Pharmacology - Vancomycin Bacitracin and Streptogramins 2

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kyleannkelsey
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257869
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Pharmacology - Vancomycin Bacitracin and Streptogramins 2
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2014-01-22 10:02:35
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Pharmacology Vancomycin Bacitracin Streptogramins
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Pharmacology - Vancomycin Bacitracin and Streptogramins 2
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Pharmacology - Vancomycin Bacitracin and Streptogramins 2
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  1. What is VRSA?
    Vancomycin resistant staph aureus
  2. What would you use to treat VRSA?
    Telavancin
  3. What is GISA?
    Glycopeptide-intermedietely resistant staph aureus
  4. What is VISA?
    Vancomycin intermediate resistant S. aureus
  5. What is VRE?
    Vancomycin resistant enterococci
  6. If you have a GISA, VISA or VRSA, how would you adjust your dose of vancomycin?
    Increase dose as you increase the resistance from GISA to VISA to VRSA
  7. What is the MOA of Bacitracin?
    Inhibits cell wall synthesis, prevents dephosphorylation of C55 (prevents tying of cell wall to membrane)
  8. Is Bacitracin a narrow or broad spectrum antibiotic?
    Narrow, only G+
  9. Is Bacitracin used orally?
    No, only topically
  10. How is Bacitracin administered?
    Topically
  11. Bacitracin is used for what therapeutically?
    Ocular and topical infections
  12. What is Bacitracin often combined with?
    Polymixcin B and Neomycin
  13. Is bacitracin OTC or prescription?
    OTC
  14. Why is Bacitracin given in combination?
    Prevent resistance
  15. What is Fosfomycin used for?
    Usually UTIs
  16. What is the MOA of Fosfomycin?
    Inhibits cell wall synthesis
  17. How is Fosfomycin given?
    Orally or IV
  18. How is Fosfomycin excreted?
    Unchanged in the urine
  19. What is the t1/2 of fosfomycin?
    4 hours
  20. Is Fosfomycin bacteriocidal or static?
    Cidal
  21. How does Fosfomycin enter cells?
    By the glycerolphosphate or glucose-6-phosphate recognition systems
  22. Fosfomycin is effective against what bacteria?
    E.coli, Enterococcus faecalis and faecium
  23. Why is Fosfomycin excellent for UTIs?
    Excreted unchanged in the urine
  24. When would you use a streptogramin?
    To treat serious resistant infections, VRE and for certain staph and strep infection like bacteremia and pneumonia
  25. What is the MOA of streptogramins?
    Inhibit ribosomal protein synthesis
  26. What are the two important streptogramins?
    Quinupristin and dalfopristin
  27. What is Synercic?
    Combination therapy of Quinupristin and Dalfopristin
  28. What are streptogramin A's?
    Made of polyunsaturated macrolactones
  29. What are streptogramin B's?
    cyclic peptides
  30. Is Quinupristin a streptogramin A or B?
    B
  31. Is dalfopristin a sterptogramin A or B?
    A
  32. (True/False) Quinupristin and dalfopristin are semi-synthetic derivatives that are water soluble.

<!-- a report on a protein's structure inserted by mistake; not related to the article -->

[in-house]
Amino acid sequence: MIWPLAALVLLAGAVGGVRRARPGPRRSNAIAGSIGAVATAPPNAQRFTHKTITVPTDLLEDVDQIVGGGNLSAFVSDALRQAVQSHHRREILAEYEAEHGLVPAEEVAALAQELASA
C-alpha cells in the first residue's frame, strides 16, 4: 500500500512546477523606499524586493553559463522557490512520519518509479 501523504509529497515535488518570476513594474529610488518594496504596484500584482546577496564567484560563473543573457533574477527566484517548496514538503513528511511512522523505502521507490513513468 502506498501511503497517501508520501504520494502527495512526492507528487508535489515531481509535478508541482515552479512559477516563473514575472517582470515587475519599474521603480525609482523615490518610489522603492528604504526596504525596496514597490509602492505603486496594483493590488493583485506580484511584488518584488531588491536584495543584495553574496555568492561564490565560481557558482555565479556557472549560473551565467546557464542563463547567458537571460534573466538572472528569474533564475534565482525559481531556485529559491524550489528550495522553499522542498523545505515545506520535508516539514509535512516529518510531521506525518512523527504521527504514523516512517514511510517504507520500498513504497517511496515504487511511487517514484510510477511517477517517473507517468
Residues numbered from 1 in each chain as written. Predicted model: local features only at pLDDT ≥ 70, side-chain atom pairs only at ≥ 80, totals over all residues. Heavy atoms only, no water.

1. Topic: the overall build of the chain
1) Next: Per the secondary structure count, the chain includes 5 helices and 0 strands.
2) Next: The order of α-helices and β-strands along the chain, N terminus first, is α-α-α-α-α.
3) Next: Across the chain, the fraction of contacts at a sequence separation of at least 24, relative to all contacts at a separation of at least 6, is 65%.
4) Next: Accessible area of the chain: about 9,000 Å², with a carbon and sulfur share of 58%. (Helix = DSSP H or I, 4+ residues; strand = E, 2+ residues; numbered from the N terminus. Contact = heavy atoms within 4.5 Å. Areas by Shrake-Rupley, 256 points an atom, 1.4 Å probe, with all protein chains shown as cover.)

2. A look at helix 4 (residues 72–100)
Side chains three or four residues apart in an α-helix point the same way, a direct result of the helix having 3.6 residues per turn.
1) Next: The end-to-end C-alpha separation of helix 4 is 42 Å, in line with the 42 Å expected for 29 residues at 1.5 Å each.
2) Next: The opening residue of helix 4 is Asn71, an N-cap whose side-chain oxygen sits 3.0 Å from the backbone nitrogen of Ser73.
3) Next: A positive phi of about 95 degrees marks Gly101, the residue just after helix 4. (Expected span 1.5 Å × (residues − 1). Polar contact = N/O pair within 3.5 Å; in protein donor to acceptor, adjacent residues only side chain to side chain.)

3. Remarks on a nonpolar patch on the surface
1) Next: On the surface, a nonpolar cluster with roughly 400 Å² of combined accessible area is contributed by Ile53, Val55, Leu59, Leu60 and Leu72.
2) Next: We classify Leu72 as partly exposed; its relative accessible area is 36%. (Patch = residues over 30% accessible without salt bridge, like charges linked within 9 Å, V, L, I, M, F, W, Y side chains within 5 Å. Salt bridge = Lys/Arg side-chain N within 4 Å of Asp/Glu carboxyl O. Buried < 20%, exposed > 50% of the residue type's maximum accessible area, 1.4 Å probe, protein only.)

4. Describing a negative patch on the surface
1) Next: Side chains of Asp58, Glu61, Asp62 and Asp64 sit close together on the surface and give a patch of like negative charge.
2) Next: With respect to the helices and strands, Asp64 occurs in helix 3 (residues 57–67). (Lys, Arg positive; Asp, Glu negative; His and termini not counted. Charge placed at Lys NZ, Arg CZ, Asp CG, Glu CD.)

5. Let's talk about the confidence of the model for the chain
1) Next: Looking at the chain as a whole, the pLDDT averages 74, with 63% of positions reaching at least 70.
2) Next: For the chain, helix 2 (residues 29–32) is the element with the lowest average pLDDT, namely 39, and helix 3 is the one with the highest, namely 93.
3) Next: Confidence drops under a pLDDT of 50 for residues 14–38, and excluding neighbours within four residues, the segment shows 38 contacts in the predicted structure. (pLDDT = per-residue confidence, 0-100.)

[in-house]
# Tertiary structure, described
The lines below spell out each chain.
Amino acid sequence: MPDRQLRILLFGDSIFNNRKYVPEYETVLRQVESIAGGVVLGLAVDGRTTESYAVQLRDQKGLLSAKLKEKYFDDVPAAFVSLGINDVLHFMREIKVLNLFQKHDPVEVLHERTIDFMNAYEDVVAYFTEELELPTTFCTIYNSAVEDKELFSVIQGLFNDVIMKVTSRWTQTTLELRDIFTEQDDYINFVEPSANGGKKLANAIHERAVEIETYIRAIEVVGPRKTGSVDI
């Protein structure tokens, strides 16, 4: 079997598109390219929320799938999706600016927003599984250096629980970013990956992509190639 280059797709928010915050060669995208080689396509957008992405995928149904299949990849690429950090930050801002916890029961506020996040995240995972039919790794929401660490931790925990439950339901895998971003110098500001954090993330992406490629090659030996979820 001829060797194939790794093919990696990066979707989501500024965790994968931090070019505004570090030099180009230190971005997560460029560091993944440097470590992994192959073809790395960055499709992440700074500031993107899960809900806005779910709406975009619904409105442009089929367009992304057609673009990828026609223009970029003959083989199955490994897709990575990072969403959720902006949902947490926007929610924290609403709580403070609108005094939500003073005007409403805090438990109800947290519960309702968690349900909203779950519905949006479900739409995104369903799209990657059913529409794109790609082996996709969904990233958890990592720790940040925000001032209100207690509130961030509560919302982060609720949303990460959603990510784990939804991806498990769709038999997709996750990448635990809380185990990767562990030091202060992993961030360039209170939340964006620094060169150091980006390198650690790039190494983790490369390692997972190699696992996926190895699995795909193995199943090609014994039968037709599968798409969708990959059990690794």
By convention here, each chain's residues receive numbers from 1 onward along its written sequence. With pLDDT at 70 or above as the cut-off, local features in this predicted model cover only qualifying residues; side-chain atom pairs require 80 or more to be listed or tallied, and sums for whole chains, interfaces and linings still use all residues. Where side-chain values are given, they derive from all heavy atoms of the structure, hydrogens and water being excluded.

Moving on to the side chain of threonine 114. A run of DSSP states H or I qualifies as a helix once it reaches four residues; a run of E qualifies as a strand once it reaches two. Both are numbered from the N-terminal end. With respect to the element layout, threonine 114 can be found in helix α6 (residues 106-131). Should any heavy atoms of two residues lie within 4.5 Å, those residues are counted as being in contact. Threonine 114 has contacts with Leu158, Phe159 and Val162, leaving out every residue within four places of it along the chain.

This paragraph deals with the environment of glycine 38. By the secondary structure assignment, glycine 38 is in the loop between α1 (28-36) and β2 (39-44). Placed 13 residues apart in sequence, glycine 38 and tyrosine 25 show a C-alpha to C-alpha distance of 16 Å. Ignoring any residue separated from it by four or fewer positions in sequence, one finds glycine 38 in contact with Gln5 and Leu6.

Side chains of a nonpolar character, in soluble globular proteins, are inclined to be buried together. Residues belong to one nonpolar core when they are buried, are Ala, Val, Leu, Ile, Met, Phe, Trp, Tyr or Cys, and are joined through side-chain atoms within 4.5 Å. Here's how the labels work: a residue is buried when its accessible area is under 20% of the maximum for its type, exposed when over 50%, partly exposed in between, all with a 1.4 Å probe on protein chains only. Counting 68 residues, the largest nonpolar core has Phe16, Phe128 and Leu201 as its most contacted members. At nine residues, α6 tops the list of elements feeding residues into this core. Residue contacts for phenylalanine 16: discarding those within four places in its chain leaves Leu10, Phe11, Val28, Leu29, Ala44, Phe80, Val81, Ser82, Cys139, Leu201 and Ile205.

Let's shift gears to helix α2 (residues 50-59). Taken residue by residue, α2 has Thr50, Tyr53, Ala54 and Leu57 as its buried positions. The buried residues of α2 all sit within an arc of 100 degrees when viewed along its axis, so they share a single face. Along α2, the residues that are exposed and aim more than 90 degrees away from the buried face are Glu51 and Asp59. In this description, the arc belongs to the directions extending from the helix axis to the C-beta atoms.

True
  33. If you use Quinupristin and dalfopristin together how do they differ from when they are used individually?
    They are Bacteriocidal, alone they are static
  34. Are streptogramins a first choice antibiotic?
    No
  35. How are streptogramins administered?
    IV
  36. What major DDI do you need to watch out for with streptogramins?
    CYP3A4 inhibitor, so it increases the con. Of cyclosporine A, midazolam, nifedipine and others
  37. What are the major adverse effects of Steptogramins?
    Arthritis, myalgia, hyperbilirubinemia, hepatic toxicity and superinfections
  38. How are streptogramins excreted?
    Via the liver
  39. What is the t1/2 of streptogramins?
    1-2 hours
  40. Linozolid (Zyvox) has what MOA?
    Inhibits initiation of protein synthesis
  41. What type of drug is Linezolid?
    Oxazolidinone
  42. Is Linezolid absorbed well through the GI?
    Yes, 100%
  43. How is Linezolid metabolized?
    By oxidation
  44. How is Linezolid excreted?
    Feces and urine
  45. What type of bacteria does Linezolid treat?
    G+ aerobic
  46. What are the indications for Linezolid?
    VRE, hospital acquired pneumonia and MRSA
  47. What are the adverse effects fo Linezolid?
    Diarrhea, thrombocytopenia, nausea, serotonin syndrome (if person is taking an SSRI) and vomiting
  48. What is the MOA for Daptomycin?
    Binds and depolarizes the membrane, releases intracellular ions
  49. Is Daptomycin bactericidal or static?
    Cidal
  50. What is the spectrum of daptomycin?
    Similar to Vanco (narrow), strep, staph and enterococci
  51. How is daptomycin given?
    IV
  52. What is the t1/2 of daptomycin?
    9 hours
  53. What is daptomycin indicated for?
    Skin and wound infections
  54. What are the adverse effects of daptomycin?
    GI issues, dizziness, HA, muscle damage (rare)
  55. Does Daptomycin work on G+ or G- bacteria?
    G+
  56. Why can you get Muscle damage from daptomycin?
    B/c of its depolarization action

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